Your Role as a Parent
Cub Scouting encourages closeness to family. The program will give
you opportunities to take part in activities with your son that you
normally couldn't do. It provides a positive way for parent and son to
grow closer together, and encourages you to spend quality time together.
In this way, Cub Scouting is a program for the entire family, and your
involvement is vital to the program's success.
Some specific things you can do to help your son in Cub Scouting are
- Work with your son on projects
- Help your Cub Scout along the advancement trail
- Participate in monthly pack meetings
- Attend parent-leader conferences
- Go on family campouts with your son
- Provide support for your son's den and pack
The Cub Scout years are developing years for young boys, falling
between the dependence of early childhood and the relative independence
of early adolescence. As he grows, your son will gain the ability to do
more things "on his own," but at this stage of his development, your
help is critical.
Work with your son on projects
Boys often start projects at den meetings and finish them at home
with the help of a parent. Such projects become the catalyst for parents
and boys—often joined by siblings and friends—to interact with each
other in an informal, relaxed way.
Because the purpose of projects is to teach a boy new skills, a
project will challenge a boy to do tasks that he hasn't currently
mastered. It's not uncommon, therefore, for a boy to need help from his
family to do some of his projects. In Cub Scouting, boys are not
expected to do things entirely on their own. So long as a boy does his
best to do as much as he's capable of, it's perfectly acceptable for a
parent or sibling to help him with the tasks he's unable to do on his
Help your son along the advancement trail
The advancement plan is designed for parents to use to create a
learning environment in their home. With the Cub Scout handbooks as a
resource, parents and boys work together to do the achievements required
for each badge. The advancement plan provides fun for the boys, gives
them a sense of personal achievement as they earn badges, and
strengthens family understanding as adult family members work with boys
on advancement projects.
While Cub Scouts will learn skills and begin work on projects in
their weekly den meetings, the parent remains at the center of the
advancement program. As each task is done or each skill is demonstrated,
the parent signs the Cub Scout's handbook to record its completion. And
when the boy has completed all the requirements to earn an award, the
parent presents that award at the next monthly pack meeting.
Participate in monthly pack meetings
The weekly den meetings are for Cub Scouts and their adult leader.
The pack meeting is for the entire family of every Cub Scout. At pack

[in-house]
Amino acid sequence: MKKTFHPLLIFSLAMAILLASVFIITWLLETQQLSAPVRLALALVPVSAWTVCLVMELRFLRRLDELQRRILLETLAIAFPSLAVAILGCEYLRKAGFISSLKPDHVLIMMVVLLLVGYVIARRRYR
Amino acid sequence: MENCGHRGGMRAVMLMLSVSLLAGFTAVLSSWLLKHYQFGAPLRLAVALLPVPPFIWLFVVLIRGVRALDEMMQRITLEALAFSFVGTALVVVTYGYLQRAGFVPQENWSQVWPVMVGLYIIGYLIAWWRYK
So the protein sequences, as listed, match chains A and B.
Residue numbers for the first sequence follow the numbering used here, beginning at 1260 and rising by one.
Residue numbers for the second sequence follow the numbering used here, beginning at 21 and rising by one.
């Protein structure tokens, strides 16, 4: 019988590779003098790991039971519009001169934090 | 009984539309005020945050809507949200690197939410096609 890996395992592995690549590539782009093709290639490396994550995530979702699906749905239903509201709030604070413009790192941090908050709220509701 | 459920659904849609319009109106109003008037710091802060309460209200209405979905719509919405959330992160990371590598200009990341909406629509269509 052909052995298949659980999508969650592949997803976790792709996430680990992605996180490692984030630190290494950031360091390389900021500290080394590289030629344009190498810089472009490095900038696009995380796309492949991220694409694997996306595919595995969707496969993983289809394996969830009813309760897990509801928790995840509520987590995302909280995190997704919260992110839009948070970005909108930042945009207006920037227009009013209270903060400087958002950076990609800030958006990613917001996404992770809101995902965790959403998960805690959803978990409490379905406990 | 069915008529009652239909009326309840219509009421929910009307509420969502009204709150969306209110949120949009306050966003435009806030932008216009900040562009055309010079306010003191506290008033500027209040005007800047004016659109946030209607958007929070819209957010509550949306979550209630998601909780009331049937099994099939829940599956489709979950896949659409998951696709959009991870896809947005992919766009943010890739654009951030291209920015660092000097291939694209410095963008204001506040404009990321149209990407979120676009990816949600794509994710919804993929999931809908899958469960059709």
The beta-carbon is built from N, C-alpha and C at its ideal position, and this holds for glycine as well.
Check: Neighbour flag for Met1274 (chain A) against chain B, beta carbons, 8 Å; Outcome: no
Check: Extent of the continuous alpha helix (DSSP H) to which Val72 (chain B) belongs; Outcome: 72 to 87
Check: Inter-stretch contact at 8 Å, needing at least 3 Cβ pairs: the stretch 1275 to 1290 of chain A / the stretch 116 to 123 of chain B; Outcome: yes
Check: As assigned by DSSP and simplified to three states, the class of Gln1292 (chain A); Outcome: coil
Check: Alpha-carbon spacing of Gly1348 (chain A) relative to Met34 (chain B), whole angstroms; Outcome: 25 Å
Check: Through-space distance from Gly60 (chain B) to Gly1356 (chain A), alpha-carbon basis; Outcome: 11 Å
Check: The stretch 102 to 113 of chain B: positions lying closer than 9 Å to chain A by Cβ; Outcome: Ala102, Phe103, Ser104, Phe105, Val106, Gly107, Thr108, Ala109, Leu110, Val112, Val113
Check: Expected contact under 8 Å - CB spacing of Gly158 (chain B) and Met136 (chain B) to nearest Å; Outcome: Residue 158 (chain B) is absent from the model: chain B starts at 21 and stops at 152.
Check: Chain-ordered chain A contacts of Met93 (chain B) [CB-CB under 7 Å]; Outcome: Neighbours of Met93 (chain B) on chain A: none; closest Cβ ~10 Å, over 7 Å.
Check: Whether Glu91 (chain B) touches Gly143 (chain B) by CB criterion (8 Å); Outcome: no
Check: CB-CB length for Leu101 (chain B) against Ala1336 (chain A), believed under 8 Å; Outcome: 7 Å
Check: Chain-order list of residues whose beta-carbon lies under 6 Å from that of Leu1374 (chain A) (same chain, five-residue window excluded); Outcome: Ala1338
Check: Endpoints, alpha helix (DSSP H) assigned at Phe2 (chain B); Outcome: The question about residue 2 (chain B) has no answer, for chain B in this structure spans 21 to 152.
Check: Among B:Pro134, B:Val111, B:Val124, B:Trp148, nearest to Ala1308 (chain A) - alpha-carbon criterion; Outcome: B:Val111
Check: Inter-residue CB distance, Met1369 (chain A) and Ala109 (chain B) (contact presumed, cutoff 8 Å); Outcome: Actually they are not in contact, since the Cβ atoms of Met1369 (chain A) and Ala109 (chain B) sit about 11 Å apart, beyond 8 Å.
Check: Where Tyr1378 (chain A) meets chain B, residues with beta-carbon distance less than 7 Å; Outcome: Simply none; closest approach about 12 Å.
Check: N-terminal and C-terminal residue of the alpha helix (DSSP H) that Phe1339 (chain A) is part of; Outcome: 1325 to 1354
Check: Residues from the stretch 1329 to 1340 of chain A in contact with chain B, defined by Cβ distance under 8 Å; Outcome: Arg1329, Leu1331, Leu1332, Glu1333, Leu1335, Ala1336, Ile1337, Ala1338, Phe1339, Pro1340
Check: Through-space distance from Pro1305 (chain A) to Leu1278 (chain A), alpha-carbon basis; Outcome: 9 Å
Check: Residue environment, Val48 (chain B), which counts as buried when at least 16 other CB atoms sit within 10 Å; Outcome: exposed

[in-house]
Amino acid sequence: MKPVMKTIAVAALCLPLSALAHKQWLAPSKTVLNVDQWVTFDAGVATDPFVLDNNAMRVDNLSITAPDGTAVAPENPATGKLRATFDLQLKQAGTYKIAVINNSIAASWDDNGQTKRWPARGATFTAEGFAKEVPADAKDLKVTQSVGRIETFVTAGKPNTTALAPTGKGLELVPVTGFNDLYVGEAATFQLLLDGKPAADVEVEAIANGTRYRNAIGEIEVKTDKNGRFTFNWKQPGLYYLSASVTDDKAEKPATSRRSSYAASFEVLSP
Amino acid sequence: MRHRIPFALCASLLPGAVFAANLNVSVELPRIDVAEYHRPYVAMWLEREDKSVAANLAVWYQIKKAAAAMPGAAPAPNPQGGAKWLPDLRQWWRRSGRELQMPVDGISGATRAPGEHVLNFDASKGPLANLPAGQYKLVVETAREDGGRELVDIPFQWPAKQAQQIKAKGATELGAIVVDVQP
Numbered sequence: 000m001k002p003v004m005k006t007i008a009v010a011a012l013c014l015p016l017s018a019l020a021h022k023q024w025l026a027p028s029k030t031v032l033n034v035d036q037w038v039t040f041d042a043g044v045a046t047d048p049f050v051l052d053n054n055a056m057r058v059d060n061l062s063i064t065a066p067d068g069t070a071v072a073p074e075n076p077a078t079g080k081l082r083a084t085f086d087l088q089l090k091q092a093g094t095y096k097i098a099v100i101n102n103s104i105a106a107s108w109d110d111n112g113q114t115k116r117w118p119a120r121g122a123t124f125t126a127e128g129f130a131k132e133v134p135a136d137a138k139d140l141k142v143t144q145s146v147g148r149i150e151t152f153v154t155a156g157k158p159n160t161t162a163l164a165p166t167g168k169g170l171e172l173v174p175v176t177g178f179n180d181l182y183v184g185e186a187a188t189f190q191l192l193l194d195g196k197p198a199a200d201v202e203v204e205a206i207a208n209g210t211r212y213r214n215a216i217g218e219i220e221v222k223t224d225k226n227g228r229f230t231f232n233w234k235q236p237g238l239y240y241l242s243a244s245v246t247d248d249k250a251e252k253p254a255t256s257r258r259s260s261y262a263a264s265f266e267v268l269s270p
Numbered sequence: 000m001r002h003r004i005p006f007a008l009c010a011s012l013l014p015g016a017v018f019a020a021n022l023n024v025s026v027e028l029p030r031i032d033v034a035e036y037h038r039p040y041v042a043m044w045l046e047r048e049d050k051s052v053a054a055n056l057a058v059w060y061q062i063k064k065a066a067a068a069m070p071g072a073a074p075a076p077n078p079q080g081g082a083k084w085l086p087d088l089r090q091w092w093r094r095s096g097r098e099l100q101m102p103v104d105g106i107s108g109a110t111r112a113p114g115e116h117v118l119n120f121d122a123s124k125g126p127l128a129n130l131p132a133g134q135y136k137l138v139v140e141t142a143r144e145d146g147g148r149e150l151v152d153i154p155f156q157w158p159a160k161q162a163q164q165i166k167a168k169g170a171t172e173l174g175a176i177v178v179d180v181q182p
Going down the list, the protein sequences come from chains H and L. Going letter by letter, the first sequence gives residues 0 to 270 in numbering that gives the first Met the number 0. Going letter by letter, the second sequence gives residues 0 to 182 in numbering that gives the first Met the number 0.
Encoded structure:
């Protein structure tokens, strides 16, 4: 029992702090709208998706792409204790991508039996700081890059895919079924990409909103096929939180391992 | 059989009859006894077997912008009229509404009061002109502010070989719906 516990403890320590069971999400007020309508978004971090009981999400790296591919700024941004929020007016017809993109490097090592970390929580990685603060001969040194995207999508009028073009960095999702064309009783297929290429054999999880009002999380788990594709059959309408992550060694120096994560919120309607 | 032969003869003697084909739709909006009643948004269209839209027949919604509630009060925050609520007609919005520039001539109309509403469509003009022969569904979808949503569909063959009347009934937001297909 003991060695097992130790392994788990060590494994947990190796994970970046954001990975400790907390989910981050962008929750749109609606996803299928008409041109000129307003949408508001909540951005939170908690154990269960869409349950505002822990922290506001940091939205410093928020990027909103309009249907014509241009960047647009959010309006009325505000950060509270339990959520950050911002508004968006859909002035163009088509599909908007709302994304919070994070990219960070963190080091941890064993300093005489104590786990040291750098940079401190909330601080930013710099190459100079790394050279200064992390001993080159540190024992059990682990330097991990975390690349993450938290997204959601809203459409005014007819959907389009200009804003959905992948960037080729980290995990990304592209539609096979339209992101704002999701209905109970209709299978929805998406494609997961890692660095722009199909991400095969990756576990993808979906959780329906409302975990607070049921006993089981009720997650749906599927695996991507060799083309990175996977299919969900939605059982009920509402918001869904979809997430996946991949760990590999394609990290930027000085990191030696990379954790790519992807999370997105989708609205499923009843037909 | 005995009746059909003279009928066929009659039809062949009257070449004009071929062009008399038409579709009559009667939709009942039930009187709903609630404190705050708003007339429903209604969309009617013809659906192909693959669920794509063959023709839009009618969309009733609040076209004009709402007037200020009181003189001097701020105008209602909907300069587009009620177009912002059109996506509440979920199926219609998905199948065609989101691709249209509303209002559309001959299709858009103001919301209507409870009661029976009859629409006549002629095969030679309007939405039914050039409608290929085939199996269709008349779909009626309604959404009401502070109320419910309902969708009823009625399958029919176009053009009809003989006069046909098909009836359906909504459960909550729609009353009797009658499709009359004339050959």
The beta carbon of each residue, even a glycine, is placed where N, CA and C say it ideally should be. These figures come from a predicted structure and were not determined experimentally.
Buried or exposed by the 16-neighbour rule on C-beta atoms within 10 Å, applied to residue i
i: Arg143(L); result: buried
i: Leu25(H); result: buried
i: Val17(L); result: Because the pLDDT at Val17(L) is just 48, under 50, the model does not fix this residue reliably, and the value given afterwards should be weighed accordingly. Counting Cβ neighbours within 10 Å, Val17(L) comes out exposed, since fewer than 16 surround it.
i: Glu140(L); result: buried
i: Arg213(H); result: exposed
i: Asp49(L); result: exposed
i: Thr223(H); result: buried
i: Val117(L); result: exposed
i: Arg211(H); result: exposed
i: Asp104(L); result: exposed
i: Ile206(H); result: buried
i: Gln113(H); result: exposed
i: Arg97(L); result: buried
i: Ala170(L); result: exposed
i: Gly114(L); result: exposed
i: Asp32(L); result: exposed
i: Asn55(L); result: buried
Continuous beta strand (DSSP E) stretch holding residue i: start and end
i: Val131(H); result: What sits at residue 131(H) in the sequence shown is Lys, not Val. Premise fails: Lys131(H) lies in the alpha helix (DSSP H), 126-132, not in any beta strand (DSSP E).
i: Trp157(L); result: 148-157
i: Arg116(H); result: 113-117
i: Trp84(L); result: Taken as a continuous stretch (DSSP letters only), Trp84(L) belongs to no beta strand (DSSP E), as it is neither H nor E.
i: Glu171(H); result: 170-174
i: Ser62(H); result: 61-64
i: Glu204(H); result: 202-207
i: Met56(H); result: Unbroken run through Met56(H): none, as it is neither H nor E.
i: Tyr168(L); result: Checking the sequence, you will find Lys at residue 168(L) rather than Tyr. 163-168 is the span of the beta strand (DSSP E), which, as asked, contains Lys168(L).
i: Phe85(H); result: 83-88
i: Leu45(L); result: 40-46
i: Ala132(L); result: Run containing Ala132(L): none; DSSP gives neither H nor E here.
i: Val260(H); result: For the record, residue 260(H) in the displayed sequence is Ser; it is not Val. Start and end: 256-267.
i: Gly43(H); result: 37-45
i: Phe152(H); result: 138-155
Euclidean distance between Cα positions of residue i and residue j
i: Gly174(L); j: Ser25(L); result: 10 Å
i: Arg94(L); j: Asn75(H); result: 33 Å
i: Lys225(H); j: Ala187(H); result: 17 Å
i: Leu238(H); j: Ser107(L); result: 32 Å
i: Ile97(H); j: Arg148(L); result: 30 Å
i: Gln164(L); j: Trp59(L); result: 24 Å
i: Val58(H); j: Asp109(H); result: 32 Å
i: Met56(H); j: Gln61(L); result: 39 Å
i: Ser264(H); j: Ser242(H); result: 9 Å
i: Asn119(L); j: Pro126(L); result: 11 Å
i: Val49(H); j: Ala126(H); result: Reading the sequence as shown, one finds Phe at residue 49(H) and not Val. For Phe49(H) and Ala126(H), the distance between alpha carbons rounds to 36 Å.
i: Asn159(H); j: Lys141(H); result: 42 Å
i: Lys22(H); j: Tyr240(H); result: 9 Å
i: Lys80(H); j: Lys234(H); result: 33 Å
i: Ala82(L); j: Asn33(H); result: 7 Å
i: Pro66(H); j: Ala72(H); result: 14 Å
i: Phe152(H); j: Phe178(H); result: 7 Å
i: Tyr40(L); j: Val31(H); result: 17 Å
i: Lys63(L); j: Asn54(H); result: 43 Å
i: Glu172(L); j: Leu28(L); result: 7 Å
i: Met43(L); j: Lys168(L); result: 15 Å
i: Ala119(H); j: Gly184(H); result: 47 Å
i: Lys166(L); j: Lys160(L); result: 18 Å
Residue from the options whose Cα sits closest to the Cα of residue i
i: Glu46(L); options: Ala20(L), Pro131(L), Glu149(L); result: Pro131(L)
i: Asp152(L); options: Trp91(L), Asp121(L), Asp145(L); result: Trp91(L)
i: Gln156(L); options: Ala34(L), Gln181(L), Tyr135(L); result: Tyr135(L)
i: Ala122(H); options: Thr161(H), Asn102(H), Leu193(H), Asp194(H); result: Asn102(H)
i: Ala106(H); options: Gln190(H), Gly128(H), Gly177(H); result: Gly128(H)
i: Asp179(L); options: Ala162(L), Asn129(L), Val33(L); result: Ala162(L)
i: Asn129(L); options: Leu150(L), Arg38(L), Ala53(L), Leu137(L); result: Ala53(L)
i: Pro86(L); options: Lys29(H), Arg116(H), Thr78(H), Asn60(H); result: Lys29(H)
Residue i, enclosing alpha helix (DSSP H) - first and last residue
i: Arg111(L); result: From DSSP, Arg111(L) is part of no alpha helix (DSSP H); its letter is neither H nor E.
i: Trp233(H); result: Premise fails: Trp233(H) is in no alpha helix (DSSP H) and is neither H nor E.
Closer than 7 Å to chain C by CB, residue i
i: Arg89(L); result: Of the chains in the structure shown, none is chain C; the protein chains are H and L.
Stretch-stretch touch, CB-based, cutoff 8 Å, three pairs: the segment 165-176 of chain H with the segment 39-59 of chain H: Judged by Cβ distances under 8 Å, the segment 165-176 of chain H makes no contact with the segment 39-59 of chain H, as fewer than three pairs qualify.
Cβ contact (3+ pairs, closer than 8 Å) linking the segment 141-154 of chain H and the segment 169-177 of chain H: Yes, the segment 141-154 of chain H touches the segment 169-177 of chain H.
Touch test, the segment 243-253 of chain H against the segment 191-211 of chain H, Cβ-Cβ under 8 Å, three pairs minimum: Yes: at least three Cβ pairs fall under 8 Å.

meetings, parents see their sons in action with their friends, meet
other parents, and join with neighbors in caring and sharing. These
types of opportunities are scarce, and pack meetings highlight how Cub
Scouting teaches boys cooperation and collaboration.
The pack meeting is also a monthly showcase for all that the boys
have worked on in their den meetings. Craft projects are on display,
skills are demonstrated, and skits are performed to show the boys'
command of the monthly theme. While boys at this age seem to be
struggling toward independence, having the approval of their parents and
other adults whom they admire remains important to them—so your
presence at these meetings is critical to underscore the importance of
the lessons your son has learned.
Go on family campouts with your son
Besides being fun, family camping is a chance for quality time
together and an enriched family life. This program is a recreational
opportunity—it's not on a tight time schedule. Family leadership rests
with the adult member(s). This leadership might be yielded from time to
time as the family chooses to take part in activities, such as swimming,
where specific camp policies must be followed for safety and proper
Provide support for your son's den and pack
It's important to remember that the adult leaders of your son's den
and pack are volunteers who give their own time to provide a quality
program for your son. While they have been carefully selected and
extensively trained for their roles, there are always times when they
could use help from parents in the pack.
Pack events such as the pinewood derby, blue and gold banquet, or
field days take a lot of effort—more than the monthly meetings. The
pack's leaders would likely welcome any help you can give. Likewise, den
leaders will be grateful to parents who can lend a hand with field
trips and outings. By pitching in as needed, you can show your son the
importance of helping others. So be on the lookout for opportunities for
you to help the den, the pack, and its leaders.
*above copied from BSA web site.
We take the protection of our Scouts seriously. The Boy Scouts
of America places the greatest importance on creating a secure
environment for our youth members. To maintain such an environment, the
BSA developed numerous procedural and leadership selection policies and